I hope you got the chance to read my post about why writers should start a newsletter. At the end of the day, the choice is yours on how you want to build your author platform. A lot of authors find success in using email as a way to truly reach their audience.
If you’ve decided that it’s time to start a newsletter, then it’s time to plan. For starters, what should you send to your readers? What will keep them reading? What will convert email readers into book readers, am I right?
Here, I’m going to share some of your options. At the end of the day, you can share so many different things but this list is meant to get you started.
I used to write Monthly McGruder Updates here on the website. Now, I save most of these updates for my newsletter. I’m still going to talk about updates on social media through my Let’s Get Real posts, but I’m using my newsletter to give my audience a heads up on my writing process. Where am I in the publishing process? Do I have a title for my WIP? Do I need beta readers? Do I have a release date?
Remember, you can assume that your audience WANTS these updates from you because they gave you their contact information. Until they unsubscribe, you can assume that they want to hear first about your updates.
Giveaways, Sales, or Discounts
Let’s be honest: our book budgets cry every time one of our favorite authors publishes their latest reads! We wish we could buy every book in the world. And thus continues the arm wrestle between getting our books in every hand while putting food on the table.
Your audience absolutely wants to know if your books are on sale. Since this is an exclusive list of fans, give them the juicy details. How long can they expect to enjoy the sale? Do you give them a head start so they have more time?
Finally, give them a discount that draws them to the newsletter or makes them happy to stay on your list. For example, I have a discount for my editing services for anyone on my email list. I usually end my newsletters with a regular reminder to encourage them to work with me.
Exclusive Chapters or Content
But wait, giving things for free sucks. We don’t want to provide any free labor, right? Absolutely.
Think of exclusive content as a strategy to turn email readers to book readers. If I can get a free chapter of a book, I’m more likely to want to know how the story ends. I’ll also be more acquainted with the author’s style. Maybe I can’t buy her book now, but it’s definitely going on my TBR/budget list.
Consider providing access to the prologue or first chapter of your books that are already available to buy. Or, provide the first chapter of your WIP. It’s a simple way to get some beta reader feedback. This is priceless tactic for feeding your creative writing and priming your readers to be excited for your upcoming release.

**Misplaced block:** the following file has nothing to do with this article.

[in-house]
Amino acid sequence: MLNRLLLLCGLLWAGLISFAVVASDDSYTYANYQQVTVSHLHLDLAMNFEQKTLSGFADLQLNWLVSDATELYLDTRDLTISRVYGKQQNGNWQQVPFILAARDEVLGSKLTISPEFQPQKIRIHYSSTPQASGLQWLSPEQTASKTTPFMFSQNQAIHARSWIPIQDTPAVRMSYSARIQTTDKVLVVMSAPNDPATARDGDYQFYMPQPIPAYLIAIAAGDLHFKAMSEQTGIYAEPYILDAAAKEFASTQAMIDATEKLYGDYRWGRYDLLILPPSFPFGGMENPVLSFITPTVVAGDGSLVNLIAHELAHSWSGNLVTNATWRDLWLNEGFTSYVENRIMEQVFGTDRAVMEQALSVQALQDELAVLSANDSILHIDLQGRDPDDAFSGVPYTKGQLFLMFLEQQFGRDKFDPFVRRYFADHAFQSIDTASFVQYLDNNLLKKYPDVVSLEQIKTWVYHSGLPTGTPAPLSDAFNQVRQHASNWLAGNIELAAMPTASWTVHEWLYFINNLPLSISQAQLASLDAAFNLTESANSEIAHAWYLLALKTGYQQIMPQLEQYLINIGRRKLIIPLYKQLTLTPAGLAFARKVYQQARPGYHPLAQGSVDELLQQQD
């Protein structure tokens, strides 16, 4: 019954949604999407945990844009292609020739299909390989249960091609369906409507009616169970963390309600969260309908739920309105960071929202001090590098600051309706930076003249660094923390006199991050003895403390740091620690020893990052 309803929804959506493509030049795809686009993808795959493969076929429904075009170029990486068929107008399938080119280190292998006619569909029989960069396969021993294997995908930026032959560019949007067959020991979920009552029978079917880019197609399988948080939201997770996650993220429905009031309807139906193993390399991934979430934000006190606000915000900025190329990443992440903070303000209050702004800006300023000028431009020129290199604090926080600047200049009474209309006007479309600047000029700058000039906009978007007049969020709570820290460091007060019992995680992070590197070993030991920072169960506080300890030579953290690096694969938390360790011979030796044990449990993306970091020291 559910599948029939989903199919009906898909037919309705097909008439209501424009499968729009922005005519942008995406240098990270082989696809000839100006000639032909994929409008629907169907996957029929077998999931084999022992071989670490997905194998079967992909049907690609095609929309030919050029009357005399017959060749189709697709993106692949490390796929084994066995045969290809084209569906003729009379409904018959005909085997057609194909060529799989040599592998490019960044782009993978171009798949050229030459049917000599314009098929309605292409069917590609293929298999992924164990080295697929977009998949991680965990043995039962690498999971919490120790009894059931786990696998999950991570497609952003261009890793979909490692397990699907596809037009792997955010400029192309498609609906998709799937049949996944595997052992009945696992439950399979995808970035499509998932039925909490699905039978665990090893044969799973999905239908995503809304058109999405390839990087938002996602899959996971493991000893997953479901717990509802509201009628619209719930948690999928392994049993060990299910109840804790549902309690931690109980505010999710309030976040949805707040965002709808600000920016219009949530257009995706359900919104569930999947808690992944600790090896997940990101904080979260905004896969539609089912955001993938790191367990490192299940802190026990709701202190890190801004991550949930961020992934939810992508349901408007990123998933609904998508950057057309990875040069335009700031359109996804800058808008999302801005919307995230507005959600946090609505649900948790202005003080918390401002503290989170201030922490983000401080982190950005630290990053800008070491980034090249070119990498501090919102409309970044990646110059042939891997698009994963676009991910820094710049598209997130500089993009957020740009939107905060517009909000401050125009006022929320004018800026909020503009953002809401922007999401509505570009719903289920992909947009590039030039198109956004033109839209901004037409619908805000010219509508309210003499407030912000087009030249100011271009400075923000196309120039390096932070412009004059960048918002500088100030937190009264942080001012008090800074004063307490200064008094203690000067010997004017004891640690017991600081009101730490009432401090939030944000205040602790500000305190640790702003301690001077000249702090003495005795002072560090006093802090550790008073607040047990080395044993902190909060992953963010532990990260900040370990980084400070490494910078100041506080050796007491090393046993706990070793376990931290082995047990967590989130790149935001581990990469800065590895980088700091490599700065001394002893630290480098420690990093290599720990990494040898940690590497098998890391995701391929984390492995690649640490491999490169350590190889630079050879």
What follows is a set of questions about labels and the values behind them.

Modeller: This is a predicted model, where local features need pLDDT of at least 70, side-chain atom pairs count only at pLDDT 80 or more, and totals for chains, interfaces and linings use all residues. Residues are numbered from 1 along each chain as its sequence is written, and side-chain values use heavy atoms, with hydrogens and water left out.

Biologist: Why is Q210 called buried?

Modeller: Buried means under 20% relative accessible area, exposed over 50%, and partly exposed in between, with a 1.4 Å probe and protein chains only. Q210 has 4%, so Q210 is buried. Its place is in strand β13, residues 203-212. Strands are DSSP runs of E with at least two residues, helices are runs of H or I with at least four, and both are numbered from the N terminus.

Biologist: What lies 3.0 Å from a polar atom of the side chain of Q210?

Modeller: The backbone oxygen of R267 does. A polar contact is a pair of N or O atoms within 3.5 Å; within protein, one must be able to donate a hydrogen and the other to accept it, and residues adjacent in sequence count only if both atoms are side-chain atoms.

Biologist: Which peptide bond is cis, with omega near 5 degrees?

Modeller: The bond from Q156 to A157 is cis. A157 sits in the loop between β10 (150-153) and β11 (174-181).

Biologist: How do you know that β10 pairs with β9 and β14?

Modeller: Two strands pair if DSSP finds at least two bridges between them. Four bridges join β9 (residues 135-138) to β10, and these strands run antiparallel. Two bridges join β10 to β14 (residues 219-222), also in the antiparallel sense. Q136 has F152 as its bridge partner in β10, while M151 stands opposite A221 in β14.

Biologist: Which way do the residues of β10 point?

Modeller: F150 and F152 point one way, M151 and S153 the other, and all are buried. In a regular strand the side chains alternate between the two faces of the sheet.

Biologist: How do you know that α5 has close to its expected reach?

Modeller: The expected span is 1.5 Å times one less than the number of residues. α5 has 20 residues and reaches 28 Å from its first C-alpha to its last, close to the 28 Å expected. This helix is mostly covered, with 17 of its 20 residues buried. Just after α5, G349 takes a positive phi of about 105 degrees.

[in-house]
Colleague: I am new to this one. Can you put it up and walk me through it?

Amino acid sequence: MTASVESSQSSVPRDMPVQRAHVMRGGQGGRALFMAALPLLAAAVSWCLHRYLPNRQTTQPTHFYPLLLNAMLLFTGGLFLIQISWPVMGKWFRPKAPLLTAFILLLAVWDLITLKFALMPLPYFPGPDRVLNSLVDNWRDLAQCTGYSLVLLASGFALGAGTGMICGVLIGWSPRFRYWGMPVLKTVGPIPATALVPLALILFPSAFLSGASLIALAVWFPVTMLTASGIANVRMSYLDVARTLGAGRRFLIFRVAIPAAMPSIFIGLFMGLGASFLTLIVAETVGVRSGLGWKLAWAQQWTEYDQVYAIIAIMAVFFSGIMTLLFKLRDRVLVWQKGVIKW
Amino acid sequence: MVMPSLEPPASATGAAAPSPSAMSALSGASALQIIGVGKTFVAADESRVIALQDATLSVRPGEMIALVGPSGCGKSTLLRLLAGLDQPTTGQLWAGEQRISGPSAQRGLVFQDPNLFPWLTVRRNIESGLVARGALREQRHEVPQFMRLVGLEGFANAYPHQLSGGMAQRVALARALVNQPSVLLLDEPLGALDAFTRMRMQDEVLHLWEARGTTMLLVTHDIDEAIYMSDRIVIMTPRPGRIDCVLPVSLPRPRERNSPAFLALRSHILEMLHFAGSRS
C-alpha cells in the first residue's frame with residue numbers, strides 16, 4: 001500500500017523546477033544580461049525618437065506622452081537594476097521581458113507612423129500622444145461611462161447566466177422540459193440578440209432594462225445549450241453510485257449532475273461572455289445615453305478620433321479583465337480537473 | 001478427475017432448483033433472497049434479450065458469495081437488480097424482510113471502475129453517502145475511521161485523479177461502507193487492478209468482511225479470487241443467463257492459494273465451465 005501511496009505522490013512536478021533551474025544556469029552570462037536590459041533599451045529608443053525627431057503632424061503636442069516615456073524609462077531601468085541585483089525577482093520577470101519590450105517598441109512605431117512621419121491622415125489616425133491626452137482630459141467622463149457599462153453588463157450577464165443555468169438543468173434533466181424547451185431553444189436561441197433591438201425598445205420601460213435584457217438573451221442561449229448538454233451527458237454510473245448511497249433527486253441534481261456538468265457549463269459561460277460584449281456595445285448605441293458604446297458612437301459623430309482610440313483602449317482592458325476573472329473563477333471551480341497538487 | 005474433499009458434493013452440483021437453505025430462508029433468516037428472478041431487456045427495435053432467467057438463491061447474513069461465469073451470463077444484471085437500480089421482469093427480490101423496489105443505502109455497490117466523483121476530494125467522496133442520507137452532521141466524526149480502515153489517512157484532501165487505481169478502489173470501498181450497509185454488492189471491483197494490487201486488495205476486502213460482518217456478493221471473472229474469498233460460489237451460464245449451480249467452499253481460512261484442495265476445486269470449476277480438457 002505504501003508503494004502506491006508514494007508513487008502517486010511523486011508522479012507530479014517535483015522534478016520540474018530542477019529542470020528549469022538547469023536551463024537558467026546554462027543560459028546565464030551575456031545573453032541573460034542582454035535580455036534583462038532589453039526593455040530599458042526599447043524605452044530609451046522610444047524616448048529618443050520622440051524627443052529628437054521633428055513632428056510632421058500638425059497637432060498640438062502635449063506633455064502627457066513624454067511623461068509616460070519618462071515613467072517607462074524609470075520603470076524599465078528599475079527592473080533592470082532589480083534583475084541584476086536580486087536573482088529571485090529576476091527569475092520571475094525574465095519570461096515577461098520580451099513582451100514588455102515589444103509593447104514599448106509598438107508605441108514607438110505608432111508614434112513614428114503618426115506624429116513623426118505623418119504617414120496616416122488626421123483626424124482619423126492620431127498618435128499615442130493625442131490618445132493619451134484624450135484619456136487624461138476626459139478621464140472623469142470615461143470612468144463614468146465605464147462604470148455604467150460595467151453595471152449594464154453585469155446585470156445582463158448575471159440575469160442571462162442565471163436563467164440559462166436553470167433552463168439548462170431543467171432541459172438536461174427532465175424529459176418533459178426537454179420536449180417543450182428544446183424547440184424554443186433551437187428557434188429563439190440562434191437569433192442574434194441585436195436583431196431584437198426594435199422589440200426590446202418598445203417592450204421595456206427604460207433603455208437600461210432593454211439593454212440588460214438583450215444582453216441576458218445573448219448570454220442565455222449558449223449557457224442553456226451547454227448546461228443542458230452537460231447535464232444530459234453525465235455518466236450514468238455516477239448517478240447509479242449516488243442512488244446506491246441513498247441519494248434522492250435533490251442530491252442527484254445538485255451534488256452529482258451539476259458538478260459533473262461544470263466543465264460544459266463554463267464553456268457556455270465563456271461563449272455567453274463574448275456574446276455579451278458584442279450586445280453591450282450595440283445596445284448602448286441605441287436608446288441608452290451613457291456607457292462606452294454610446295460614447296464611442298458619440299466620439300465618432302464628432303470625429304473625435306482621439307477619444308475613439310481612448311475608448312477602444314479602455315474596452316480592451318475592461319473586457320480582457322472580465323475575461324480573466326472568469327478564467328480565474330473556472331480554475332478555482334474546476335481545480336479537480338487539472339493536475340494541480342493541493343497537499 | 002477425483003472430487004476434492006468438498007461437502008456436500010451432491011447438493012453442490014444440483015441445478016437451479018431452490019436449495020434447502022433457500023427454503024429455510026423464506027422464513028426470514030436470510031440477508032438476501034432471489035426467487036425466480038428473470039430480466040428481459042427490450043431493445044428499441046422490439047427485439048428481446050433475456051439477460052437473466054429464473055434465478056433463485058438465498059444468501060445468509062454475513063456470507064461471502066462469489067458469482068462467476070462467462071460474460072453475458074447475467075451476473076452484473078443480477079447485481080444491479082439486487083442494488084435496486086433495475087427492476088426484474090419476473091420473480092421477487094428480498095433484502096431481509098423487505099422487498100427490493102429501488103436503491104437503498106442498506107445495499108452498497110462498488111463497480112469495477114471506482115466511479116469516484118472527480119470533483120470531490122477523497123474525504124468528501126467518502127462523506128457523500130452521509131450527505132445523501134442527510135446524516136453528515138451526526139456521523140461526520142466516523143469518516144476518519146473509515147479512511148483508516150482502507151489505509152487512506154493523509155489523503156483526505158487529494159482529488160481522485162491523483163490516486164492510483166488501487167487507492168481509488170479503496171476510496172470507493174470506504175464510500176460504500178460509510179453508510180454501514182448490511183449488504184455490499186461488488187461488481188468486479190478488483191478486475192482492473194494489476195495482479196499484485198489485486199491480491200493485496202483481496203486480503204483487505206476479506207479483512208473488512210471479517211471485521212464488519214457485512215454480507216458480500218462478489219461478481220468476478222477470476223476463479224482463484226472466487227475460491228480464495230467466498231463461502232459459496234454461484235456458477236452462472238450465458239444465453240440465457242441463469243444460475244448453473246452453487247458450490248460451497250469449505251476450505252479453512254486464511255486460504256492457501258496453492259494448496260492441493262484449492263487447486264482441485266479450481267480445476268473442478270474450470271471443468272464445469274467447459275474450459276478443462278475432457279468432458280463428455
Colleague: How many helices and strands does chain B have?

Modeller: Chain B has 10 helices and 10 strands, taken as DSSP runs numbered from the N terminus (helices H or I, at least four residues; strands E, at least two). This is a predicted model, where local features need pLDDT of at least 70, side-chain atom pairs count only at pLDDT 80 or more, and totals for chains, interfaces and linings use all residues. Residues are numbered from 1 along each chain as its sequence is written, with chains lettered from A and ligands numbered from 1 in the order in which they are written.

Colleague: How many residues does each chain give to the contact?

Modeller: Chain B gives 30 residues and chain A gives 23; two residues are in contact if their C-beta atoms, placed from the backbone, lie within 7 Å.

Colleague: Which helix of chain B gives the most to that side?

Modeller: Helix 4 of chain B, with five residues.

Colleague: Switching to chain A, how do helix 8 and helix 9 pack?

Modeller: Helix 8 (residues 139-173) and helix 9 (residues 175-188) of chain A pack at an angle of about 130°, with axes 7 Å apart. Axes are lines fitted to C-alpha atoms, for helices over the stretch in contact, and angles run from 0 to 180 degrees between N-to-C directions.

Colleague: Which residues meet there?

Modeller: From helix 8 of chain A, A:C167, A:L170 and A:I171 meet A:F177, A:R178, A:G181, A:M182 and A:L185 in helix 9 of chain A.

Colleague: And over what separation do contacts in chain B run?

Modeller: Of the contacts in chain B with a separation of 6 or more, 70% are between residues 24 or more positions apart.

You can either put the chapter right in the email or you can have a link to a website where they can access the content. If you’re starting off with less than 100 subscribers, you may want to reshare your content as you build momentum. There’s no reason to share all your best work too early in the game.
Access to Popular Posts
There’s no sense in writing amazing content if no one’s going to enjoy it! If you wrote an A+ blog post a year ago, you can keep sharing it!
For popular posts, I send this as a separate post. I use the title and email to explain what the reader will glean by reading the post. I try to show how the post is relevant to a problem the reader would like to solve. Then, I provide easy access to my website where they can read more.
This is a great way to reach out to your audience and meet their needs. You will have to determine who your target audience is in order to know which posts to share or how to relate that content to them.
Still Stumped? Ask for Feedback!
Your email list will look different from mine; if I write fantasy YA novels and you write horror novels, the difference is already dramatically apparent. You’ll want to provide what your readers want to learn or receive.
If you’re feeling discouraged, ask for help. You can create a survey or poll and let the people tell you what they want to see. Some writers set up a $5 Amazon gift card giveaway for their survey participants and it works.
Also, take a look at your inbox. What kind of content draws you to sign up for more emails? What do you wish you could see in your inbox? Open someone else’s newsletter and see what they’re doing. How would you do it differently? See if you can incorporate those ideas in your own newsletter without totally copying someone else.
Give Yourself Time to Learn & Grow
Even with my current newsletter insight, I still don’t have 50 email subscribers. This is after a year of writing emails.
I could be upset and compare myself to others, or I could remind myself that I’m playing a long game. It worked for my social media following and I know it’ll work for my email list. I’ve learned more about what my fans want to see, I know my voice, and I know which marketing principles work for me in this time of my life.
Also remember that not everyone will even see your newsletters. If you’re posting amazing things, remind folks that you’re about to share the newsletter or that it already sent. Sometimes you have to do this while starting out. I know it’s frustrating but not everyone reads all their emails perfectly.
If you’d like to see my newsletter in action, you certainly can! Subscribe through the pop up on the website, this image below, the prompt to your right, or go here.
I think that’s a good place to end. Let me hear about your questions! Do you have newsletter ideas that could use a second opinion? Next time, we’ll talk about how you can make it stupid-easy to convince people to sign up and enjoy your emails.